European Parliament approves plans to provide more ammunition for Ukraine

In a vote on July 13, the European Parliament adopted plans to increase EU production of ammunition and missiles to address the current shortage.

According to the text, agreed upon with Council of the EU last week, the Act in Support of Ammunition Production (ASAP) aims to accelerate the delivery of ammunition and missiles to Ukraine and to help EU countries restock their arsenals.

The ASAP comes in response to a Ukrainian request to the EU to supply 155 mm-calibre artillery rounds and the agreement of the Council of the EU on March 20 2023 on a three-track proposal on ammunition.

Member states have been invited to urgently transfer ammunition from their own stocks to Ukraine (Track 1). EU countries have agreed to jointly procure one million ammunition rounds (Track 2). Track 3 aims to ramp up production capacity in the European defence industry.

This should be achieved through the ASAP, which responds directly to the Council’s call to deliver ammunition urgently, and if requested missiles too, to Ukraine and to help member states restock their supplies.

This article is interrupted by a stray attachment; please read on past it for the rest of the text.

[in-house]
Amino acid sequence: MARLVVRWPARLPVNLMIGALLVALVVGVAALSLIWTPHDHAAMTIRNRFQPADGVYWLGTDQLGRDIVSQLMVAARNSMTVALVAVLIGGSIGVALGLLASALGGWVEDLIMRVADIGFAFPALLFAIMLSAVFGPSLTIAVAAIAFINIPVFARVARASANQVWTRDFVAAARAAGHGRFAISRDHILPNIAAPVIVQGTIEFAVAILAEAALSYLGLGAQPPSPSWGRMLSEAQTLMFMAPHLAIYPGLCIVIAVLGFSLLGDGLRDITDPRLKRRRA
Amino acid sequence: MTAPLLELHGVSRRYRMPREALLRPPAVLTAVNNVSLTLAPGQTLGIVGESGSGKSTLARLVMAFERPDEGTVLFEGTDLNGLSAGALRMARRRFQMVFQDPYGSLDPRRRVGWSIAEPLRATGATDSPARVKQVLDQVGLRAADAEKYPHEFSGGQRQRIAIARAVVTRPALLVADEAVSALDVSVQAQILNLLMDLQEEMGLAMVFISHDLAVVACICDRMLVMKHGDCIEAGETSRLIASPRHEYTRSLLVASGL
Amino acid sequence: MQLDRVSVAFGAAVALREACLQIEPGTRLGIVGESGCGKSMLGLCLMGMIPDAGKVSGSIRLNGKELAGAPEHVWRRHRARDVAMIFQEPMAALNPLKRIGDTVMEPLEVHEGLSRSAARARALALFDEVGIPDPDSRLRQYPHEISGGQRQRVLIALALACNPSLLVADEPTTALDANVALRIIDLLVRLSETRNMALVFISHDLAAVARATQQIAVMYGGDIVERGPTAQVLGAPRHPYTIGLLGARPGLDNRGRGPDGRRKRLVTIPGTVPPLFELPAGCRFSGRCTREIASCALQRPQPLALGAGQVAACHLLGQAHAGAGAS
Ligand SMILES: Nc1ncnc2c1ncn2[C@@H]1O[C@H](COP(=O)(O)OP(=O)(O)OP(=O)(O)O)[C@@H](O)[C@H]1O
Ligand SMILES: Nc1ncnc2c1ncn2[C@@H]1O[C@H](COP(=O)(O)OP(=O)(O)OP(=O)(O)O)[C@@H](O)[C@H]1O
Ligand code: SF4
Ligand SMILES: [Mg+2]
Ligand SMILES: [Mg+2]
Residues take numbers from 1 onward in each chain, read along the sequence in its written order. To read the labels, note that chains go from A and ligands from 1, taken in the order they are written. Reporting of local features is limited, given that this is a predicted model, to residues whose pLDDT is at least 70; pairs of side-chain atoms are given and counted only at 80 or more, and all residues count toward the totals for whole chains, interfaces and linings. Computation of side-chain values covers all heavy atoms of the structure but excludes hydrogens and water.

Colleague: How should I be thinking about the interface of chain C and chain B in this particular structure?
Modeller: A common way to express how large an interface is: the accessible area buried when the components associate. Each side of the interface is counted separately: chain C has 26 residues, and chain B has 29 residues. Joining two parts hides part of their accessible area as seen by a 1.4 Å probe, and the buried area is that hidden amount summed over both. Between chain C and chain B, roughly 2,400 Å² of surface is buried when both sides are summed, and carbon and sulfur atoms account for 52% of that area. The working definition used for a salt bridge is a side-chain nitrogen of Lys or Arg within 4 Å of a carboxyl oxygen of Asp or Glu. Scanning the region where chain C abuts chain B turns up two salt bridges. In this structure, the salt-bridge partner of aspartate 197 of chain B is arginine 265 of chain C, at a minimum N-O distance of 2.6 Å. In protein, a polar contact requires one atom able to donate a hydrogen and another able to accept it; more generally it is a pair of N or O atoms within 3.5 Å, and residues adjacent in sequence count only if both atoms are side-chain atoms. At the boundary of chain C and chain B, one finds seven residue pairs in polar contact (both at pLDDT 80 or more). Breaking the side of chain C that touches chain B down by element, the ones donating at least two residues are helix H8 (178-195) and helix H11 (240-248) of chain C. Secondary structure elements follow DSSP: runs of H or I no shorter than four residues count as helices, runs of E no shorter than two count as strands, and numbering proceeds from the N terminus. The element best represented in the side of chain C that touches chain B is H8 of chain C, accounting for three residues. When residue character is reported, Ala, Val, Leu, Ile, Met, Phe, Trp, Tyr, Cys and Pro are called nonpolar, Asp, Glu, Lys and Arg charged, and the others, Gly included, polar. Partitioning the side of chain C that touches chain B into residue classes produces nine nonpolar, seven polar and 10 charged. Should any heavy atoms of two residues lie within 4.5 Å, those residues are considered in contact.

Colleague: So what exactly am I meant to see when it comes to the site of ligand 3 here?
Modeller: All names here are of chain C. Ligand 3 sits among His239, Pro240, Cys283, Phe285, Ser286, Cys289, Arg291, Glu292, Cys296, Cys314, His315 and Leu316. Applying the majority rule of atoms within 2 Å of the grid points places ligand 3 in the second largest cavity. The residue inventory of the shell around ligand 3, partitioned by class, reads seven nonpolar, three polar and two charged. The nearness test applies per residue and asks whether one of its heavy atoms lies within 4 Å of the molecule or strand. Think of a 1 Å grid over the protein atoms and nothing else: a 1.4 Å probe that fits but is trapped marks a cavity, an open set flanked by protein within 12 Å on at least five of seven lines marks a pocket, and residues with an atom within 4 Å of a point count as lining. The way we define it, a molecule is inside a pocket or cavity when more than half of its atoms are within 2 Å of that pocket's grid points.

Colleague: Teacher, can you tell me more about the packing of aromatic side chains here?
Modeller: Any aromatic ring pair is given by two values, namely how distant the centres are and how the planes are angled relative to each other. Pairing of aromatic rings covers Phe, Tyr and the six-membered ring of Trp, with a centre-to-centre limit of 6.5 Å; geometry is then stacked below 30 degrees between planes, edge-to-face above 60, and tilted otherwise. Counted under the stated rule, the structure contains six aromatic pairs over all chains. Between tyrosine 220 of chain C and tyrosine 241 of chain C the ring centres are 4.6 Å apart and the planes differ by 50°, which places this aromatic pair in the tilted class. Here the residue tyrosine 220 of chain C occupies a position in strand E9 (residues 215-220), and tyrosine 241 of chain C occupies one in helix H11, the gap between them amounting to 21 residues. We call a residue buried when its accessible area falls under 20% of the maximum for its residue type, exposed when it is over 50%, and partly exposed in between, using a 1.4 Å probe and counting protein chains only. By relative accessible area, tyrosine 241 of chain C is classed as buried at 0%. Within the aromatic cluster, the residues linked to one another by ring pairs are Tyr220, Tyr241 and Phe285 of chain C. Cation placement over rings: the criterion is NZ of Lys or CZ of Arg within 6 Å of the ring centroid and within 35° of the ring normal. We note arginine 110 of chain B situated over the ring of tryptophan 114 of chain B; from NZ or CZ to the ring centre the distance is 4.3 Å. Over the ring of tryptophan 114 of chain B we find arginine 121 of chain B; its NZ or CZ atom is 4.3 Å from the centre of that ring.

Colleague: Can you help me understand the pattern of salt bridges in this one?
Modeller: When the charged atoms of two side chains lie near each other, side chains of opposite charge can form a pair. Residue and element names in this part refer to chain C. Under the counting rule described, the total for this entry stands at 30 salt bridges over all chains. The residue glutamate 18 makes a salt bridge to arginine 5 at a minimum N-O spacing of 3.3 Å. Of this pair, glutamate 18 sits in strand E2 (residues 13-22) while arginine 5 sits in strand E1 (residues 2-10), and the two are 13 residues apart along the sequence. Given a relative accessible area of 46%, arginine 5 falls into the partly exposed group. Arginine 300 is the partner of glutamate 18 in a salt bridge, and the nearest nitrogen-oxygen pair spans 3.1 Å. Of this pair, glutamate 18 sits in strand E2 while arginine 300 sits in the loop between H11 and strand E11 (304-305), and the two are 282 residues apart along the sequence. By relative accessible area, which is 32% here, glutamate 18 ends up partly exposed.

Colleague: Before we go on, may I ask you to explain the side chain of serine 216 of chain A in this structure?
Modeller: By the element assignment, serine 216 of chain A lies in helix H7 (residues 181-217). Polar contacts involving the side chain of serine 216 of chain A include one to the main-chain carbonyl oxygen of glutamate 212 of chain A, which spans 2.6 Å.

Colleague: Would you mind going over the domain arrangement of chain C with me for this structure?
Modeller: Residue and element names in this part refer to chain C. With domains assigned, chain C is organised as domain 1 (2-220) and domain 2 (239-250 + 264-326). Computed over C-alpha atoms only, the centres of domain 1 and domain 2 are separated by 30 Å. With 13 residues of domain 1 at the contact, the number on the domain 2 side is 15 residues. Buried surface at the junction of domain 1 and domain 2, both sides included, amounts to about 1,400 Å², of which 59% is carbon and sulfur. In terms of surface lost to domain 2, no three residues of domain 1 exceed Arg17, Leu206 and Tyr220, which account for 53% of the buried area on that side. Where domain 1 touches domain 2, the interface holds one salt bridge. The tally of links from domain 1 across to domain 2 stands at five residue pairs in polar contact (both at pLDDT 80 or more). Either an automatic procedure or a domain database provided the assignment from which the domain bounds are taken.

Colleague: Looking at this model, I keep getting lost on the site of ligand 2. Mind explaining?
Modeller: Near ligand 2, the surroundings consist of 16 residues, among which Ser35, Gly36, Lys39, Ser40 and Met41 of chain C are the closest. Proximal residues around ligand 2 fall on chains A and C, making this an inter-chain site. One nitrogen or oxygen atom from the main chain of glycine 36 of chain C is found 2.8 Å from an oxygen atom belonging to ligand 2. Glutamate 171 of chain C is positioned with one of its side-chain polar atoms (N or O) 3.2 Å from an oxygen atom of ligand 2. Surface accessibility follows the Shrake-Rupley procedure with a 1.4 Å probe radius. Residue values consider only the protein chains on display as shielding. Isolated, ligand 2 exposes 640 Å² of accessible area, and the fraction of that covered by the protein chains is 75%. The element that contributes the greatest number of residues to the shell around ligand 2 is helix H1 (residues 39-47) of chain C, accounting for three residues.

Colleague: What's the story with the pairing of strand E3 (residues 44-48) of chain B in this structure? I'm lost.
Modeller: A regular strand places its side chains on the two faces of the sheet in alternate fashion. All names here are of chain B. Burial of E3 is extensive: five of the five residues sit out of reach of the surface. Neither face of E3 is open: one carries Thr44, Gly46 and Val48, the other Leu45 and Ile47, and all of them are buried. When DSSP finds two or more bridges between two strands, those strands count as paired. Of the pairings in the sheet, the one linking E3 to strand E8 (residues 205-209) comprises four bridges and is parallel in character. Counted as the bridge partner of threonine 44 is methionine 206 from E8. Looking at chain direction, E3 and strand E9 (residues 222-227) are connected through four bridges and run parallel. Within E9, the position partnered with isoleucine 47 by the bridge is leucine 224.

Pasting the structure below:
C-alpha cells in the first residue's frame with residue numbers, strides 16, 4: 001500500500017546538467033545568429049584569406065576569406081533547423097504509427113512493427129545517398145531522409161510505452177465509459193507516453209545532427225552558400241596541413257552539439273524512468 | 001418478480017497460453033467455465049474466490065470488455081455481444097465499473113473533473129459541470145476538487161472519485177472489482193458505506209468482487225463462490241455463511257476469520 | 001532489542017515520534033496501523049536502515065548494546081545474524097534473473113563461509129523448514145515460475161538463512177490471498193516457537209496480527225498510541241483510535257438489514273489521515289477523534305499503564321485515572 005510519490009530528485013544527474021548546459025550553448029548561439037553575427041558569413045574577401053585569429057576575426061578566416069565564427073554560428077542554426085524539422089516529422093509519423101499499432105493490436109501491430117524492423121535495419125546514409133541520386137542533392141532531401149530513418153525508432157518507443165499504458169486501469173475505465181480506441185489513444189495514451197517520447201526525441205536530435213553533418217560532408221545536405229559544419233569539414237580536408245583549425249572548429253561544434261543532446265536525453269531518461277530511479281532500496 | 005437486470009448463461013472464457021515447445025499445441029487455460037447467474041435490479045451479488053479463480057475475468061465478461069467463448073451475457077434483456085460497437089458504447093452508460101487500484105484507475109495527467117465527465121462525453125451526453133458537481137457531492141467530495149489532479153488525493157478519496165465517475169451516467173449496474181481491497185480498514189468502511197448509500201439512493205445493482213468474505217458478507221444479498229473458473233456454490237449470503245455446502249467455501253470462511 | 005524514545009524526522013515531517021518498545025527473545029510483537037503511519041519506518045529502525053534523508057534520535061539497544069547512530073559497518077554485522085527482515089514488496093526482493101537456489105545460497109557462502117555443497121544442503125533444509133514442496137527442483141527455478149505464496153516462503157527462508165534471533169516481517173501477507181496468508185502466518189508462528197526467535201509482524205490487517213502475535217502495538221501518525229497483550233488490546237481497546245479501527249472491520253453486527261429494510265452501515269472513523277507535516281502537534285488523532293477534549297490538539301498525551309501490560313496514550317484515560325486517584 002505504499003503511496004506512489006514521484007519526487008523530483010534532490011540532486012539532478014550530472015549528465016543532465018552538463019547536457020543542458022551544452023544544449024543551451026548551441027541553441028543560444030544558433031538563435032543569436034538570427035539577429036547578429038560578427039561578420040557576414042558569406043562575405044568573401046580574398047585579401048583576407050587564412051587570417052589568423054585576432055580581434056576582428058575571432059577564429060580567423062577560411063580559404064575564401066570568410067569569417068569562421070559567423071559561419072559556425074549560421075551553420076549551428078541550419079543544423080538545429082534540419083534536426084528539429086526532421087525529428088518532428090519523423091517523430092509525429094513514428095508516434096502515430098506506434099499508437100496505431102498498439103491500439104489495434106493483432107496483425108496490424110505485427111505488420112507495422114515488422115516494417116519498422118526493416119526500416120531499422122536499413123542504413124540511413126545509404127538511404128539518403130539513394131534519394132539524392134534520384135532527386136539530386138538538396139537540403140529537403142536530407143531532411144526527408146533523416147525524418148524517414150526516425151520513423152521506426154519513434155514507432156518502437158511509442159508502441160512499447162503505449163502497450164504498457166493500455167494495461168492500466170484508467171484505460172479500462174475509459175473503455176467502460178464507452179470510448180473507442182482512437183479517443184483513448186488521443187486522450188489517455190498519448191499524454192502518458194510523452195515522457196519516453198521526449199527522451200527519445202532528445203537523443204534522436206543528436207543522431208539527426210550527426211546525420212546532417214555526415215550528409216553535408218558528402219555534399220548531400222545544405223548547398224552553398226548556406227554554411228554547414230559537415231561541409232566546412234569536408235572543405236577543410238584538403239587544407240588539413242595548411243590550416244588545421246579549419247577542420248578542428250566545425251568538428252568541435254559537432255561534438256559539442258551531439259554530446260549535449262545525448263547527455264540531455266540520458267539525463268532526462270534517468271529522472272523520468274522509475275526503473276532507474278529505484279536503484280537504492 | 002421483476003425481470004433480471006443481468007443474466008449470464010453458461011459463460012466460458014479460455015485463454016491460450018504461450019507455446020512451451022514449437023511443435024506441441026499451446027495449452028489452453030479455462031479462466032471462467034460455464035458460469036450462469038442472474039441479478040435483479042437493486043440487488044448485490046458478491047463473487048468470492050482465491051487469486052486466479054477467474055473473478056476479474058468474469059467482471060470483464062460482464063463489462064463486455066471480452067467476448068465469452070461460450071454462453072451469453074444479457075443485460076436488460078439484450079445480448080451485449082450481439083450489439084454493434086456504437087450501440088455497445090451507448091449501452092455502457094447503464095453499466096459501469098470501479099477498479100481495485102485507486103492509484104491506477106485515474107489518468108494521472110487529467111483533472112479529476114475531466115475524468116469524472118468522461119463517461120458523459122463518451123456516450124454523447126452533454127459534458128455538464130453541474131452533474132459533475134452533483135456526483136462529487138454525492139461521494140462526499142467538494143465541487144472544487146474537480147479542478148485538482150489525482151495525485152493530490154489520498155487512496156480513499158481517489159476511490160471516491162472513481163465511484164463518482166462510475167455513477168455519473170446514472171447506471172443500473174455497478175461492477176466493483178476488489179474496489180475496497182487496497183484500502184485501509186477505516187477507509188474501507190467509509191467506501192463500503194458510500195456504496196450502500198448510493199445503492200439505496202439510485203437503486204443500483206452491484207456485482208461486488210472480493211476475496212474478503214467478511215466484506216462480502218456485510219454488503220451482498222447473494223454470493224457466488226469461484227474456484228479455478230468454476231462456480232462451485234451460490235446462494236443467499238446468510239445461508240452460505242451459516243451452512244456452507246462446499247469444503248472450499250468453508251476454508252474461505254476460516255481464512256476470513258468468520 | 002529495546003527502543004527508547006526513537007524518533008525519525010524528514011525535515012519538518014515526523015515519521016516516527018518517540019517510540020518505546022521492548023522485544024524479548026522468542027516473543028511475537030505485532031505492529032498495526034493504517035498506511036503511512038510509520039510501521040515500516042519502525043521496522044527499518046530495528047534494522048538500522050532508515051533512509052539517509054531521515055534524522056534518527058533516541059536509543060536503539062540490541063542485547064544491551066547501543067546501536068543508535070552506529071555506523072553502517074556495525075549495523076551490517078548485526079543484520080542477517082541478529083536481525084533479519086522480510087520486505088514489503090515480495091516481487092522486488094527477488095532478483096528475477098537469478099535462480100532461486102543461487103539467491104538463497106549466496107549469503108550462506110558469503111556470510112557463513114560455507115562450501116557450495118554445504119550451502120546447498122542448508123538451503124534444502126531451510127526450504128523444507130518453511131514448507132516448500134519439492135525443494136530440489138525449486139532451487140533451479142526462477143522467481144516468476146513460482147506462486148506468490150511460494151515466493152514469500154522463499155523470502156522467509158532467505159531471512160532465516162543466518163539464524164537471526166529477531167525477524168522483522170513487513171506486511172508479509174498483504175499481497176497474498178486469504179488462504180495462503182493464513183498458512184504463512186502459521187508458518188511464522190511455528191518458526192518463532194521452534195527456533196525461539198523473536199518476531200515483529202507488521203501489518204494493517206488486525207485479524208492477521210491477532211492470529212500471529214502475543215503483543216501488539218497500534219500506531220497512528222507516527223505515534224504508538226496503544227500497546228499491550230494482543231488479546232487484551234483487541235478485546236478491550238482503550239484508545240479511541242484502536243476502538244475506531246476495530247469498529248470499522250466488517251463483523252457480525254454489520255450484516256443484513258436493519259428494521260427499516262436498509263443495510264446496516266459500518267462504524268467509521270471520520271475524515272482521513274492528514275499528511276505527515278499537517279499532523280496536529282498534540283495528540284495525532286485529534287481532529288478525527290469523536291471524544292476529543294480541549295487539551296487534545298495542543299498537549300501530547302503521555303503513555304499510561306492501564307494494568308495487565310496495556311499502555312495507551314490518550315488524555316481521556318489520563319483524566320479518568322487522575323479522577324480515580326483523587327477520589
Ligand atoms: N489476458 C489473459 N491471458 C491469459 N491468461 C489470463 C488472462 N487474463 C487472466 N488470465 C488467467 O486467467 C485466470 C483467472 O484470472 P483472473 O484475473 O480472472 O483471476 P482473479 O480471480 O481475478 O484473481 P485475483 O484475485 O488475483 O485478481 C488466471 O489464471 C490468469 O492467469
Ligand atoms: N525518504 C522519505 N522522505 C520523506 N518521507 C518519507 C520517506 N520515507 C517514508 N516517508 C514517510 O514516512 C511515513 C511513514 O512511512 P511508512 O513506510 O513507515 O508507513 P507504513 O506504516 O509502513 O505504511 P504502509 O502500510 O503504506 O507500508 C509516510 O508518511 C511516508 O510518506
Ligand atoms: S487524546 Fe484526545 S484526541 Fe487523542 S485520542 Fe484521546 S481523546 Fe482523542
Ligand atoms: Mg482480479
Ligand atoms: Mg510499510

By introducing targeted measures, including 500 million euro in financing, ASAP aims to ramp up the EU’s production capacity to address the current shortage of defence products, specifically artillery ammunition, missiles and their components, the European Parliament said in a statement.

During negotiations with Council of the EU, MEPs ensured that a more diverse range of projects receive funding, and that small and medium-sized enterprises (SMEs) would be eligible for a higher funding rate, the statement said.

They secured new financing that should not come at the expense of existing cohesion funding. MEPs also pushed to ensure that EU countries will provide Ukraine with the ammunition funded under this legislation, without it being subject to export restrictions.

The legislation was adopted with 505 votes to 56, with 21 abstentions. It now also needs to be endorsed by Council of the EU in order to become law.

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The Sofia Globe staff

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